The moon landing never happened anyway. So keep on dreaming, bro.
For as long as he’s been alive, Charles Farmer (Billy Bob Thornton) has always wanted to travel to the moon. Although he was a NASA pilot for a little while, he had to step out due to personal issues at the time. Now, Charles is trying to create his own spaceship that he can launch into space. It seems like a pipe-dream, but Charles is inspired so much, that he won’t take “no” for an answer; even though friends, confidantes, and hell, even his wife (Virginia Madsen), tell him it’s impossible, he doesn’t listen. When Charles’ plans get leaked to the world wide web, eventually, as they tend to do, the FBI finds themselves getting involved. Though Charles is not, from what people know, a terrorist planning on nuking the entire Earth, the government still doesn’t want to take any chances and keeps track of Charles’ everyday comings and goings. And hell, even though Charles has got the rest of the world behind him and his journey, the government still does not want to budge. This is a challenge that Charles accepts and stands against, even if it risks his own life, as well as those that he loves and cares for so much.
Bring out the rotten tomatoes!
The whole time while watching the Astronaut Farmer, I kept on waiting for the subscript to start/end the movie saying something along the lines of, “based on a true story”. Does a story about some small-town farmer creating his own rocket and trying to launch it into space sound plausible? Not entirely, but that doesn’t mean it didn’t happen nor that I’ve never heard about it before. Crazier things have happened in this land we call Earth, right?
But the subscript never shows up.
The Astronaut Farmer is literally an idea written by Michael and Mark Polish, which is interesting to say the least. Silly? Sure, but it’s obvious that they’re both trying to aim for that you-can-do-anything-that-you-put-your-mind-to sensibility that so many Disney films seem to rely on. Through Farmers’ own journey of trying to get into space and do what he’s always wanted us to do, the Polish bros. are trying to get us to think of our dreams and have the idea that we too can make them come true, so long as we have enough heart and inspiration deep down inside of our souls.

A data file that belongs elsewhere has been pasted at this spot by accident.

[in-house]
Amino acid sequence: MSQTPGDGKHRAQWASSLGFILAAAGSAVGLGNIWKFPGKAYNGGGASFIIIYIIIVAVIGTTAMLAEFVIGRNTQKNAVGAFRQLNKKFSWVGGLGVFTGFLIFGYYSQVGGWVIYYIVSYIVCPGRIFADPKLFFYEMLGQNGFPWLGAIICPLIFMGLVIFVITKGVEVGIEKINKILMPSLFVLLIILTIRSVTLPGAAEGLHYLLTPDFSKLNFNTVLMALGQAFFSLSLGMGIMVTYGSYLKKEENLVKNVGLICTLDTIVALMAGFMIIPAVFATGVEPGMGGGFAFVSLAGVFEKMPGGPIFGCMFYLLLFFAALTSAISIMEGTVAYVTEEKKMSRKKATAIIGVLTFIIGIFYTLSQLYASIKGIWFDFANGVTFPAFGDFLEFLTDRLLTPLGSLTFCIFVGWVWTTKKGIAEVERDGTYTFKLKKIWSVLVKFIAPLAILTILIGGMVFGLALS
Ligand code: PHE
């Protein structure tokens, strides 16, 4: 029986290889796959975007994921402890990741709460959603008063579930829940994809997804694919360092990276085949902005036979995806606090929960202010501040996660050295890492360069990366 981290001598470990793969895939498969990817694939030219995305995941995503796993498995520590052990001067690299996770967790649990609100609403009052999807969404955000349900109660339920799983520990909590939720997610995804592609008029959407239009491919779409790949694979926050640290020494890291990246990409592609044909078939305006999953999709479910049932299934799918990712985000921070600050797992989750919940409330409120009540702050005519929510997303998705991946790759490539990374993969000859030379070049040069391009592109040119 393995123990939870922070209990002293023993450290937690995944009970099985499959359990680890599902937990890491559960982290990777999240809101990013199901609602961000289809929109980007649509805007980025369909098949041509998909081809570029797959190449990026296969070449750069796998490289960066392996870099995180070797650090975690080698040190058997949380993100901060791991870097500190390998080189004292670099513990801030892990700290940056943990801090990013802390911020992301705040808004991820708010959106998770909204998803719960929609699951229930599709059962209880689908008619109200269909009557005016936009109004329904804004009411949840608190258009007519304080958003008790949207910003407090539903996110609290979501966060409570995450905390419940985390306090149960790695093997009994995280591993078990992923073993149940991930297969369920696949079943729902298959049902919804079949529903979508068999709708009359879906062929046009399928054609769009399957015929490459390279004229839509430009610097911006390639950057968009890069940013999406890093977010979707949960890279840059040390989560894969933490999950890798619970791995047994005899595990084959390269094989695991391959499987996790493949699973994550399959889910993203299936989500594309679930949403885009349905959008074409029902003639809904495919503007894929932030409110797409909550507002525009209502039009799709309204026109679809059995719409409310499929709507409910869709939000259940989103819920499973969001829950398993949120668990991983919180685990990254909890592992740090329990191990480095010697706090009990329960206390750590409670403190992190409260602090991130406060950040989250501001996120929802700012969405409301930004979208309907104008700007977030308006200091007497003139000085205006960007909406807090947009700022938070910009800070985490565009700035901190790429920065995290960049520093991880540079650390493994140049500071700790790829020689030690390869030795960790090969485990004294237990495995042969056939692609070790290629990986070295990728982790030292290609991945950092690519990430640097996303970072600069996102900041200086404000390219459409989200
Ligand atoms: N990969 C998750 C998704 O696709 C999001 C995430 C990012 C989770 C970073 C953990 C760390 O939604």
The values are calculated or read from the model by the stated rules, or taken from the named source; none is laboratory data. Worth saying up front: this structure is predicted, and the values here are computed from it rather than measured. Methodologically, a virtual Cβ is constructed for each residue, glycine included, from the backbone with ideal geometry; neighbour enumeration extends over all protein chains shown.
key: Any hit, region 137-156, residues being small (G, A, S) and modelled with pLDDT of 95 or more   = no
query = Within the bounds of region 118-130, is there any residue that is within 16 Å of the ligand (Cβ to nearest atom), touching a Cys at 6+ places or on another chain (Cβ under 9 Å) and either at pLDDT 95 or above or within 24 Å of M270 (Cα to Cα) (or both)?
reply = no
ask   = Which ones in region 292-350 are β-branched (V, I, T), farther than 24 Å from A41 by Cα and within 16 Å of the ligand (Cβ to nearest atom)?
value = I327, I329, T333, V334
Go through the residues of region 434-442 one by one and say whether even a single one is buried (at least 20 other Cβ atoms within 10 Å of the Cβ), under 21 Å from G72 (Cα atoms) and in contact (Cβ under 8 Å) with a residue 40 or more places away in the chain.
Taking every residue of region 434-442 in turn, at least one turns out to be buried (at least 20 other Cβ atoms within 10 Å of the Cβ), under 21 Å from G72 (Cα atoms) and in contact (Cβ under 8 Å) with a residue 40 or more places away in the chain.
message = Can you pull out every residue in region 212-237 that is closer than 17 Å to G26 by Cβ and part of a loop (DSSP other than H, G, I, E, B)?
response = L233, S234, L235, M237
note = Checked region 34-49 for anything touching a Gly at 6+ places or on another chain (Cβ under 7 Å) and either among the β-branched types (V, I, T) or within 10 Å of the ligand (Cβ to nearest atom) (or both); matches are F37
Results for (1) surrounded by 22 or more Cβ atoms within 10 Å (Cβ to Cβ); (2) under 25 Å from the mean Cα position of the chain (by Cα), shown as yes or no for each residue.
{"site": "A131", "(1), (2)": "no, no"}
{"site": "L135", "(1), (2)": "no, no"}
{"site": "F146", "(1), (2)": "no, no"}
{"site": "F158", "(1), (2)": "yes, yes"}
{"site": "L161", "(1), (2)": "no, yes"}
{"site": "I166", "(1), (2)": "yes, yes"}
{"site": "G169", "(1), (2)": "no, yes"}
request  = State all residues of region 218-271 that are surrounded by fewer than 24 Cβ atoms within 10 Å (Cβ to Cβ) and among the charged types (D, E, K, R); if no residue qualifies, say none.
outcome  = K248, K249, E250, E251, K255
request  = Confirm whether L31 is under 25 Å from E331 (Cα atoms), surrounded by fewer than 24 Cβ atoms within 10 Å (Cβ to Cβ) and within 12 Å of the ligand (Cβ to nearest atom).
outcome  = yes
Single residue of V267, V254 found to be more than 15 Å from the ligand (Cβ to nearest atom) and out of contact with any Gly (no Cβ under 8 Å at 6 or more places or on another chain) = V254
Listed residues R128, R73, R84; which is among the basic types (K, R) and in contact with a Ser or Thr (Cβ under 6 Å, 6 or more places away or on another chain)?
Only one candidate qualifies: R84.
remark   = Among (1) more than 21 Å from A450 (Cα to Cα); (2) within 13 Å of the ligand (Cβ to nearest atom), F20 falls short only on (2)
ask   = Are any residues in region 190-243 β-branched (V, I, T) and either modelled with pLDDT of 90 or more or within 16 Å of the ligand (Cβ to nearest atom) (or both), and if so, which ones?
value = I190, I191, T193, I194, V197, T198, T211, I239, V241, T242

And this is all fine and good, but the movie never seems like it earns that feeling of absolute and divine inspiration. Instead, it’s just a really old-timey, almost-retro story that may have a heart to work with, but never seems to go any deeper than the surface. Which is kind of a shame considering that the Polish bros. debut (Twin Falls Idaho) also dealt with the same sort of strange premise in a mindful way, but also gave us more to the story than just what was presented.
Here, it just sort of feels like everything and everyone is one-note, without there being any gray area left for the audience to decipher themselves.
The only interesting aspect of this story where it seems like the Polish bros. themselves are conflicted of a certain character-trait is with Farmer himself. While the Polish bros. clearly love and adore the character of Charles Farmer, his ambition, his heart, and his never-say-never attitude, the idea that, if he isn’t successful with his trip to space and does end up dying in the process, what will he leave his family back on Earth with? Because he’s put so much gosh darn money into this spaceship, he’s already bled them dry, so what could they possibly do without him around to keep the money flowing in? Will they be left high, dry, and without a fork to use? Or will they get by just fine because, well, Charles Farmer always has a tricky plan up his sleeves?